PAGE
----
Neural mechanisms of goal selection

Humans are constantly faced with decisions between different goals. For example, should you work late tonight to meet a deadline or should you go to the store to cook yourself a healthy meal? My ongoing research investigates how rewards influence these decisions: you may be more likely to choose to cook a healthy meal if a month of this behavior has lead to rewarding improvements in health. The influence of reward on goal selection can be adaptive when it reinforces beneficial behaviors (as in the case of healthy eating) or maladaptive when it impairs the flexibility to adopt better goals (as in substance use disorder). I use a multimodal approach to study the neural mechanisms linking rewards to goal selection.  The figure on the left depicts a new approach, real-time fMRI neurotriggering, for targeting reward delivery to specific neural representations of goals. 

Radulescu, A., Niv, Y., Ballard, I.C. Holistic Reinforcement Learning: The Role of Structure and Attention. Trends in Cognitive Sciences, 23(4): 278–92 (2019).  

Diehl, M., Steele, V., Lempert, L., Parr, A., Ballard, I.C., Smith, D. Toward an Integrative Perspective on the Neural Mechanisms Underlying Persistent Maladaptive Behaviors. European Journal of Neuroscience, 48(3): 1870–83 (2018).

Interacting Brain Systems Supporting Learning 

Our brain contains multiple systems for representing different kinds of relationships in the world. I study how these systems interact with the brain's associative learning system to support learning about these different kinds of relationships. For example, the hippocampus (depicted in purple on the left) is adept at forming conjunctive representations of multiple features in the world, and I found that its interactions with the striatum (depicted in blue) allows for learning the reward values of these conjunctions. This research makes use of multivariate tools to probe the nature of brain representations and computational models to link brain to behavior.

A New Role for the Hippocampus During Learning. Press Release.

Ballard, I.C., Wagner, A.D., McClure, S.M. Hippocampal Pattern Separation Supports Reinforcement Learning. Nature Communications, 10(1): 1073 (2019). Analysis Code. OpenNeuro Dataset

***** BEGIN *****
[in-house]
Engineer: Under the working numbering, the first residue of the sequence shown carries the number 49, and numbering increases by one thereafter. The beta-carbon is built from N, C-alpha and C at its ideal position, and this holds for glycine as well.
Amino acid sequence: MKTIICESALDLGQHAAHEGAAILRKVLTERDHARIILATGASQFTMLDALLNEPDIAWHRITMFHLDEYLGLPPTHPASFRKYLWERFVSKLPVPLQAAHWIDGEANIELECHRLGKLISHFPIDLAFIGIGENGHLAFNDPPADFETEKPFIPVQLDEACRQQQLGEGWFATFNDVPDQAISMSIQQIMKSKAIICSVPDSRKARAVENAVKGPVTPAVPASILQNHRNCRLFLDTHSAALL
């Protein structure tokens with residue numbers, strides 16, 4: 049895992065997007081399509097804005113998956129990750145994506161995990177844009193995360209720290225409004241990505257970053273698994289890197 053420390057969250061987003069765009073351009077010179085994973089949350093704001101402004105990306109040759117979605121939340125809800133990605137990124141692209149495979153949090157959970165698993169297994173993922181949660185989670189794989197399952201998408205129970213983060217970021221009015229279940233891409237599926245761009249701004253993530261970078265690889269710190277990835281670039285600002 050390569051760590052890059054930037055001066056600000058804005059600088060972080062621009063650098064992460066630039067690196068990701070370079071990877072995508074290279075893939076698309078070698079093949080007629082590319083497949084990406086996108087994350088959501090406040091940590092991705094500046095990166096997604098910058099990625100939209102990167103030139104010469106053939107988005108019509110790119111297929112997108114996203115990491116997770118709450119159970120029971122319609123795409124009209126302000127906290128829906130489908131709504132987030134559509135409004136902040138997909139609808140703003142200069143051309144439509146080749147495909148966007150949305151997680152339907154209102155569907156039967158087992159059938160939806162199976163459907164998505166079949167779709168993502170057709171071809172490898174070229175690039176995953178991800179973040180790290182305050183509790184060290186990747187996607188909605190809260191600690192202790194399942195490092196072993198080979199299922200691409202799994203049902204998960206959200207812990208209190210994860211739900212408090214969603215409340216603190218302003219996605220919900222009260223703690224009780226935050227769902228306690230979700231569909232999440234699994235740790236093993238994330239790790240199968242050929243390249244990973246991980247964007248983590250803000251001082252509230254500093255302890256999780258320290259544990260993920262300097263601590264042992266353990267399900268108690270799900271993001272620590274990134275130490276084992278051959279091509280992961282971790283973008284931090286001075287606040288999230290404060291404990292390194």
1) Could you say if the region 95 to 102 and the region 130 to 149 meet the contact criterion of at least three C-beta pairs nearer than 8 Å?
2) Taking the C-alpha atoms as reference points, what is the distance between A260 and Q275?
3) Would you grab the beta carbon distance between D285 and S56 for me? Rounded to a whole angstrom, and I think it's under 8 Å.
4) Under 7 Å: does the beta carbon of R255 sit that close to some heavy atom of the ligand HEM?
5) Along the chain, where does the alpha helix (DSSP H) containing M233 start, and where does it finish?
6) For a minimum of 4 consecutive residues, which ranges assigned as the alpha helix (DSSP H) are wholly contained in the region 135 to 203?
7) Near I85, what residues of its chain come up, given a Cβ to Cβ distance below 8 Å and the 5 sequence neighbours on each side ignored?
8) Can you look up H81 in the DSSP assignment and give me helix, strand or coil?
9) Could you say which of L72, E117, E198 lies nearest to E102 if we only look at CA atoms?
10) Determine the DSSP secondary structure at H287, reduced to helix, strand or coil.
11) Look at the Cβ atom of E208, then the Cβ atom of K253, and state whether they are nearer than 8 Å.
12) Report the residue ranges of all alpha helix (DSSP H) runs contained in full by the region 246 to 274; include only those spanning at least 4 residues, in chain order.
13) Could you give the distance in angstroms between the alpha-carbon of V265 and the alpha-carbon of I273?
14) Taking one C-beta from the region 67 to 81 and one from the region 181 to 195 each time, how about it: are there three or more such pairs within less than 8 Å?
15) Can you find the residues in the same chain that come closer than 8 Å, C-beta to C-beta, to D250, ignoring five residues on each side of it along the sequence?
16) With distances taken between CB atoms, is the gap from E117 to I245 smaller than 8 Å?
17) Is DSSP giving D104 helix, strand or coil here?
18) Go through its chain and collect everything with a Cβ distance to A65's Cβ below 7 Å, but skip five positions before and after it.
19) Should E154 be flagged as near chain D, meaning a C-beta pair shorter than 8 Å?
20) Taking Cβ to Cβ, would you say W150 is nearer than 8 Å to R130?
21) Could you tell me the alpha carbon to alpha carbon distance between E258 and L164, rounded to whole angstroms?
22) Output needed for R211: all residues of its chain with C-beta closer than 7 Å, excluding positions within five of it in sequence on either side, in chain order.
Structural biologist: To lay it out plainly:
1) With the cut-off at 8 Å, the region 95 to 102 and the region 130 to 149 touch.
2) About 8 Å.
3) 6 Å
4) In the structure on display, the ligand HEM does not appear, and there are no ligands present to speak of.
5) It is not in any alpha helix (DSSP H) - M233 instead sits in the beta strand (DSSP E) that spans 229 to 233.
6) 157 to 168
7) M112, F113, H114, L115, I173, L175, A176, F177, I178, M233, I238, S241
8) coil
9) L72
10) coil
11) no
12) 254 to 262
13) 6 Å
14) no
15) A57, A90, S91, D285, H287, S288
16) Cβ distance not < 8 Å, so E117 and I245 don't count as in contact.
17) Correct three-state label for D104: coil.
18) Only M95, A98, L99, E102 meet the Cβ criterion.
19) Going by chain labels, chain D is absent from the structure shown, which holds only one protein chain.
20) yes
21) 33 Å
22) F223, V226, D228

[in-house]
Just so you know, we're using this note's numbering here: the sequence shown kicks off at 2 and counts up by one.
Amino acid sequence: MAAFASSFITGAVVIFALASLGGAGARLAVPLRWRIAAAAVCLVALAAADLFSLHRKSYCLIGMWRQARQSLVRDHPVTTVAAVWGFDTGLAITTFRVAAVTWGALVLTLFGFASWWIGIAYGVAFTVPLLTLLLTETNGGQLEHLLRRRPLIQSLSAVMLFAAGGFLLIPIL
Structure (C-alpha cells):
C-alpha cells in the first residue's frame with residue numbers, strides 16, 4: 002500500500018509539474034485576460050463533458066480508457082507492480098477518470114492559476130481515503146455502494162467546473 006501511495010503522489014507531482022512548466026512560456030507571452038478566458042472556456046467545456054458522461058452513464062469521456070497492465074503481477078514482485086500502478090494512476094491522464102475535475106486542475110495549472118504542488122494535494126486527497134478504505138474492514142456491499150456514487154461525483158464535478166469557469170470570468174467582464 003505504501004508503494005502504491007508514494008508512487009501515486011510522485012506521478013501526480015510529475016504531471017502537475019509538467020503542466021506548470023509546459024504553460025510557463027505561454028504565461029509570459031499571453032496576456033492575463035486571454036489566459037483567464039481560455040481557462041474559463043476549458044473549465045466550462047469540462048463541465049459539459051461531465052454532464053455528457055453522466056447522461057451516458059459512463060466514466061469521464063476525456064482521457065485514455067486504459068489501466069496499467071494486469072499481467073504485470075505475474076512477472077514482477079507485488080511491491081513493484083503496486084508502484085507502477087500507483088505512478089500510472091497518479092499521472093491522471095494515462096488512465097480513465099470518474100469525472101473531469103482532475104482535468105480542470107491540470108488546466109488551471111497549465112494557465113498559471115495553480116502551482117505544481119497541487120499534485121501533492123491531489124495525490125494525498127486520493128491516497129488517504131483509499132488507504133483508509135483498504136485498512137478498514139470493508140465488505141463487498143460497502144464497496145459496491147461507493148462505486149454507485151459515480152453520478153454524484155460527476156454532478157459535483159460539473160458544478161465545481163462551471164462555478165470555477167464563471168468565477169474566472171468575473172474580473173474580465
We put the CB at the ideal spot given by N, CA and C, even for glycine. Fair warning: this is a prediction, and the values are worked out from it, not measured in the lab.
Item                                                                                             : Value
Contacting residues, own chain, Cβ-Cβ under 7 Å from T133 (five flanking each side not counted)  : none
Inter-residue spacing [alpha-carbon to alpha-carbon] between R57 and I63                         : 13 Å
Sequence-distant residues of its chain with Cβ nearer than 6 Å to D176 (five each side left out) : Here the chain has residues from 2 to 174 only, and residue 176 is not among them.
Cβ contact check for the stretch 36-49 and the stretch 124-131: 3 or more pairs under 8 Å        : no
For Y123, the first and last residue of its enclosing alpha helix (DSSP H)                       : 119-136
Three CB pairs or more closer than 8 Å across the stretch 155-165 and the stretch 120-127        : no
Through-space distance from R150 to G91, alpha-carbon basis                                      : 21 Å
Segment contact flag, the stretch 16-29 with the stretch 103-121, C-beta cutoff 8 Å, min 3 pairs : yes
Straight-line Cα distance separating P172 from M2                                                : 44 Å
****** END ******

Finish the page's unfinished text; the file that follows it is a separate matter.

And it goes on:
Ballard, I.C., Miller, E., Piantadosi, S.T., Goodman, N., McClure, S.M. Beyond Reward Prediction Errors: Human Striatum Represents Rule Values During Categorization Learning. Cerebral Cortex, 19(3), 1-11 (2017).

Ballard, I.C., McClure, S.M. Joint Modeling of Choice and Reaction Times Improves Parameter Identifiability in Reinforcement Learning Models. Journal of Neuroscience Methods, 317(4): 37–44 (2019).  Analysis Code and Data.  

Murty, V. P., Ballard, I. C., Macduffie, K. E., Krebs, R. M. & Adcock, R. A. Hippocampal networks habituate as novelty accumulates. Learning & Memory, 20, 229–235 (2013). 

Goal-directed decision making

How do we decide to pursue long-term goals instead of short-term gratification? I use computational modeling of decision-making in combination with brain imaging and transcranial magnetic stimulation to isolate the neural mechanisms underlying self-control in decision making. A key finding from this line of research is that a region of prefrontal cortex called the inferior frontal sulcus (IFS, red region on the left) is causally involved in deciding to pursue long-term goals. 

Self-control press release.

Ballard, I. C.  Kim, B., Aydogan, G., Liatsis, A., Cohen, J.D., McClure, S.M. More Is Meaningful: The Magnitude Effect in Intertemporal Choice Depends on Self-Control. Psychological Science, 28(10), 1443–1454 (2017).  Analysis Code. OpenNeuro Dataset.

Ballard, I. C., Aydogan, G., Kim, B. & McClure, S.M. Causal Evidence for the Dependence of the Magnitude Effect on Dorsolateral Prefrontal Cortex. Scientific Reports, 8(1), 16545 (2018).  Analysis Code and Data.

Samanez-Larkin, G.R., Mata, R., Radu, P.T., Ballard, I.C., Carstensen, L.L., McClure, S.M. Age differences in striatal delay sensitivity during intertemporal choice in healthy adults. Frontiers in Neuroscience, 5, 126. (2011).

Goal-directed control of motivation

When humans are motivated to accomplish a goal, multiple aspects of cognition change: they are better at maintaining focus, their actions are faster and more vigorous, and they are more likely to retain memories. However, motivation is fickle and subject to failure. I study the brain mechanisms responsible for creating a motivational state in order to better understand how and when motivation occurs. A key finding from this line of research is that the prefrontal cortex (DLPFC, left) influences the ventral tegmental area (VTA), a major source of the brain's dopamine, in order to accomplish high-value goals.

Ballard, I.C.*, Murty, V.P.*, Carter R.M., MacInnes J.J., Huettel S.A., Adcock R.A. Dorsolateral prefrontal cortex drives mesolimbic dopaminergic regions to initiate motivated behavior. Journal of Neuroscience, 31(28), 10340-6. (2011).

Murty, V.P*., Ballard, I.C*., Adcock, R.A. Hippocampus and Prefrontal Cortex Predict Distinct Timescales of Activation in the Human Ventral Tegmental Area. Cerebral Cortex, 27(2), 1660-1669 (2017). 

Ballard, I.C., Hennigan, K., McClure, S.M. (2017) Mere Exposure: Preference for Novel Drinks Reflected in Human Ventral Tegmental Area. Journal of Cognitive Neuroscience, 29, 793–804 (2017).